Magnesium shown to be important in prevention of pancreatic cancer

A long-term study of 66,806 men and women has found that magnesium is an important nutrient in the prevention of pancreatic cancer.

The participants were aged 50–76 years at the beginning of the Vitamins And Lifestyle Study (VITAL) which commenced in 2000. Participants were followed from 2000 to 2008. During an average of 6.8-year follow-up, 151 participants developed pancreatic cancer.

Researchers determed that for every 100mg that magnesium intake was lowered there was a 24% increase in the incidence of pancreatic cancer.

Researchers observed that cancer rates were not appreciably modified by age, gender, body mass index, or non-steroidal anti-inflammatory drug use; however, magnesium supplementation (from multivitamins or individual supplement) did lower the cancer rate of participants.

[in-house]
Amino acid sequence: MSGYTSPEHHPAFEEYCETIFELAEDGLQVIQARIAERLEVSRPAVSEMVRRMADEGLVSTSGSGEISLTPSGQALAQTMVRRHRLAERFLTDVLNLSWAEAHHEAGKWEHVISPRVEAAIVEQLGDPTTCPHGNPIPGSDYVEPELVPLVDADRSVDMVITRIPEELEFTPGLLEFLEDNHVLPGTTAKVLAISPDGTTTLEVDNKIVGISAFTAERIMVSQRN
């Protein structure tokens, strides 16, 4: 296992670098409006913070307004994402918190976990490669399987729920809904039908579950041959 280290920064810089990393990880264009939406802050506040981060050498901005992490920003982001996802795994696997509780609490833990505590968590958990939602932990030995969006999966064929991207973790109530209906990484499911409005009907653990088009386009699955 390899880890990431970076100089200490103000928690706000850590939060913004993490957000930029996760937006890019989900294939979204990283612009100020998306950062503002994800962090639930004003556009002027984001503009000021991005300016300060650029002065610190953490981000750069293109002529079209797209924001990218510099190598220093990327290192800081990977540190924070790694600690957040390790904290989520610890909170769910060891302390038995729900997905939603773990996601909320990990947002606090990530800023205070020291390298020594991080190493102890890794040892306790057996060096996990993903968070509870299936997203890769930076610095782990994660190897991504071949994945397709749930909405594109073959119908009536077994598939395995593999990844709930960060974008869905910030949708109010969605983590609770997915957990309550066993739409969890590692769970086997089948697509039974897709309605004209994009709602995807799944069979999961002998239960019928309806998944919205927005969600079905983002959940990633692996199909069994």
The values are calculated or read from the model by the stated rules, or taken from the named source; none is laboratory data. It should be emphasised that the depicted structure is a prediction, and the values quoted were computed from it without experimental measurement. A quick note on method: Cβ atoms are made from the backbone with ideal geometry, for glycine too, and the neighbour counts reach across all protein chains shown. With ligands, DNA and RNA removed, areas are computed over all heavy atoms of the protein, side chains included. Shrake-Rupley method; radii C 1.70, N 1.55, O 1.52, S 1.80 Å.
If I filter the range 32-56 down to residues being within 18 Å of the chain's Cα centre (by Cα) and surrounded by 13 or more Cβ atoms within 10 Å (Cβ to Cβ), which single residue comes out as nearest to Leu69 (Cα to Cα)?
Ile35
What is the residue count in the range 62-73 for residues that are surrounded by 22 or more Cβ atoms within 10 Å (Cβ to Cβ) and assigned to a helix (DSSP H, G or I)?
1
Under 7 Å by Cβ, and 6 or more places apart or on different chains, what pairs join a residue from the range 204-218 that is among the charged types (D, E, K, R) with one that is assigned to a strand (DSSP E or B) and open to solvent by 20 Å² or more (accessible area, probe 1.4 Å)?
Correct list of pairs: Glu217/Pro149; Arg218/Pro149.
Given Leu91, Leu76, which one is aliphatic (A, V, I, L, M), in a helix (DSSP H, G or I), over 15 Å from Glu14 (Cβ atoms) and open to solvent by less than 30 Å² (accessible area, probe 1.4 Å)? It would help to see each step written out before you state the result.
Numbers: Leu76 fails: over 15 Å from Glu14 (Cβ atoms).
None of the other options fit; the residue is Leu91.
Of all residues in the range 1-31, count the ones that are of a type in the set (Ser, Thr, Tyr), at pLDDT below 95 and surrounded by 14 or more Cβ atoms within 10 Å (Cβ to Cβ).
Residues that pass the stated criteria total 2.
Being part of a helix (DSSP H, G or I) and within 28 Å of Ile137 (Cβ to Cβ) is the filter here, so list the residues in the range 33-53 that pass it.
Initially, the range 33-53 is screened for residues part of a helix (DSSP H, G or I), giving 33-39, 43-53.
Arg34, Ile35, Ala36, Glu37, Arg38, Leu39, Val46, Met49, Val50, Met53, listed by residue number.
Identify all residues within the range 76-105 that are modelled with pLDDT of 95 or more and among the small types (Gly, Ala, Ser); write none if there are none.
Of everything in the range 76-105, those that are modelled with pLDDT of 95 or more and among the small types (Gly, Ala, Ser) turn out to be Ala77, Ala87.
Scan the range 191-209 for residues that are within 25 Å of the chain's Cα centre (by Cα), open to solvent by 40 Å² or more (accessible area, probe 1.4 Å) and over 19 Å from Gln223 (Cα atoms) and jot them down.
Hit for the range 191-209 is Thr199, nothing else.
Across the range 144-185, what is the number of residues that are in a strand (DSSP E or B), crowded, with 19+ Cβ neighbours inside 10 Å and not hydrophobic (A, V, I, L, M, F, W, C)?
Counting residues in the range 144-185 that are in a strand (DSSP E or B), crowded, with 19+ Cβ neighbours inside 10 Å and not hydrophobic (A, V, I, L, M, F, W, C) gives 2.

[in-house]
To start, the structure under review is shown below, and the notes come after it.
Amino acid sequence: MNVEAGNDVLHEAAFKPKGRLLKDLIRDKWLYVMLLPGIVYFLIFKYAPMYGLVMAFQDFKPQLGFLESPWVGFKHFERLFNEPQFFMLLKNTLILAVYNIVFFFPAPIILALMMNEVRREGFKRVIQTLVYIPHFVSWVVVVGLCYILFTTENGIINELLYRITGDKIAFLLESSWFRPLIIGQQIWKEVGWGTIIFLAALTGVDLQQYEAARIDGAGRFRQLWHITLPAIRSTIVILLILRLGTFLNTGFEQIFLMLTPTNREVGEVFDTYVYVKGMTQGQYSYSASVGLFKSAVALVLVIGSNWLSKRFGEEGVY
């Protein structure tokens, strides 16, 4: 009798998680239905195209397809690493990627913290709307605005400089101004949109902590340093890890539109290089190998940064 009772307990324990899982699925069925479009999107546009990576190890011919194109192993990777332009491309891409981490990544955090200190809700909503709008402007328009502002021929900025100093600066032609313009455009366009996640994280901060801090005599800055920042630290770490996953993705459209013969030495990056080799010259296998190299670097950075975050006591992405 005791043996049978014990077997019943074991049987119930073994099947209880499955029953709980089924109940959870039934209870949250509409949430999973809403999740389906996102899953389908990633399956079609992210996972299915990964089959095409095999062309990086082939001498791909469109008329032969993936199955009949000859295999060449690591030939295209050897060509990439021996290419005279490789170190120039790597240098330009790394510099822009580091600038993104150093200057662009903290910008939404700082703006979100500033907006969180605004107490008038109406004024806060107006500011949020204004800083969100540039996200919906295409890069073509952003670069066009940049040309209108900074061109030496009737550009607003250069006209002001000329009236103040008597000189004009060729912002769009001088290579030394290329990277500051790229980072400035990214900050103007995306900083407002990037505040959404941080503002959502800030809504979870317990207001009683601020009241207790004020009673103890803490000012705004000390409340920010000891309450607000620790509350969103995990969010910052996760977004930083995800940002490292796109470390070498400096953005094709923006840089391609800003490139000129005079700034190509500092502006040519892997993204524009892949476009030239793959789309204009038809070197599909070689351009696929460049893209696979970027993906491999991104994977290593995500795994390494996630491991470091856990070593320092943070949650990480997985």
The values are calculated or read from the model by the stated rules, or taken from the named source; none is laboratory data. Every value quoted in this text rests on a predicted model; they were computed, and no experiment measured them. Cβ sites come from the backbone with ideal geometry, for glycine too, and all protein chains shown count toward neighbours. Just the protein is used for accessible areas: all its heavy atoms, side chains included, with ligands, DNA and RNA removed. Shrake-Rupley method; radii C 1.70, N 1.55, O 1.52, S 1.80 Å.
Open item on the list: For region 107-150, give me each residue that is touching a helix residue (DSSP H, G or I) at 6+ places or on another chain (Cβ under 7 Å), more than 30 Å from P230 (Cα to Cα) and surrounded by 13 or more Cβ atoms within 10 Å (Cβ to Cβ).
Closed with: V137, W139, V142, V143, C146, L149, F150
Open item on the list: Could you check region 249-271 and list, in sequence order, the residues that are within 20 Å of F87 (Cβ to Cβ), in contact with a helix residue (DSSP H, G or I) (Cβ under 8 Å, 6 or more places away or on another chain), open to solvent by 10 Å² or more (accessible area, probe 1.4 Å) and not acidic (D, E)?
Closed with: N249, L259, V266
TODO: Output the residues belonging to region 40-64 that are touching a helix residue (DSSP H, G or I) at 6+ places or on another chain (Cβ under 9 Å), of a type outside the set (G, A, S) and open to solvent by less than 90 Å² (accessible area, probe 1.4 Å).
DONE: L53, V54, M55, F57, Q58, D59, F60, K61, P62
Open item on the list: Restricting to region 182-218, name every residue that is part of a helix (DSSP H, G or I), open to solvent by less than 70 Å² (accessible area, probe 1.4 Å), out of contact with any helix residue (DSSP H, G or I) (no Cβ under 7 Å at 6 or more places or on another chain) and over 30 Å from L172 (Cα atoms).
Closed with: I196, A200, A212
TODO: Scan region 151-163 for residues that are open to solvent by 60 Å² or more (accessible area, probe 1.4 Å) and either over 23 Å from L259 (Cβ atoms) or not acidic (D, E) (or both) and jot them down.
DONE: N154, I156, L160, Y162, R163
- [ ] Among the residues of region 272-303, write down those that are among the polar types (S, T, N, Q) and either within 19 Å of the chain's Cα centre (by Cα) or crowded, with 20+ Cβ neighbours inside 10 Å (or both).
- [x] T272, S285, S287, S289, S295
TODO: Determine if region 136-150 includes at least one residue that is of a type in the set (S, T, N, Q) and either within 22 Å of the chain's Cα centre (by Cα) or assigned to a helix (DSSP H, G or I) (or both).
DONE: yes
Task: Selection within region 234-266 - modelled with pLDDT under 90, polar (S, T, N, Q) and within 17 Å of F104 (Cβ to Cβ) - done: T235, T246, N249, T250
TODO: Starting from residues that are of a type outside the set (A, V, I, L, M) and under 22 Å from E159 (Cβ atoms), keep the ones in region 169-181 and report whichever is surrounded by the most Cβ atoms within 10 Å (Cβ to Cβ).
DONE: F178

The study’s authors stated, “Findings from this prospective cohort study indicate that magnesium intake may be beneficial in terms of primary prevention of pancreatic cancer.”

Sources:, British Journal of Cancer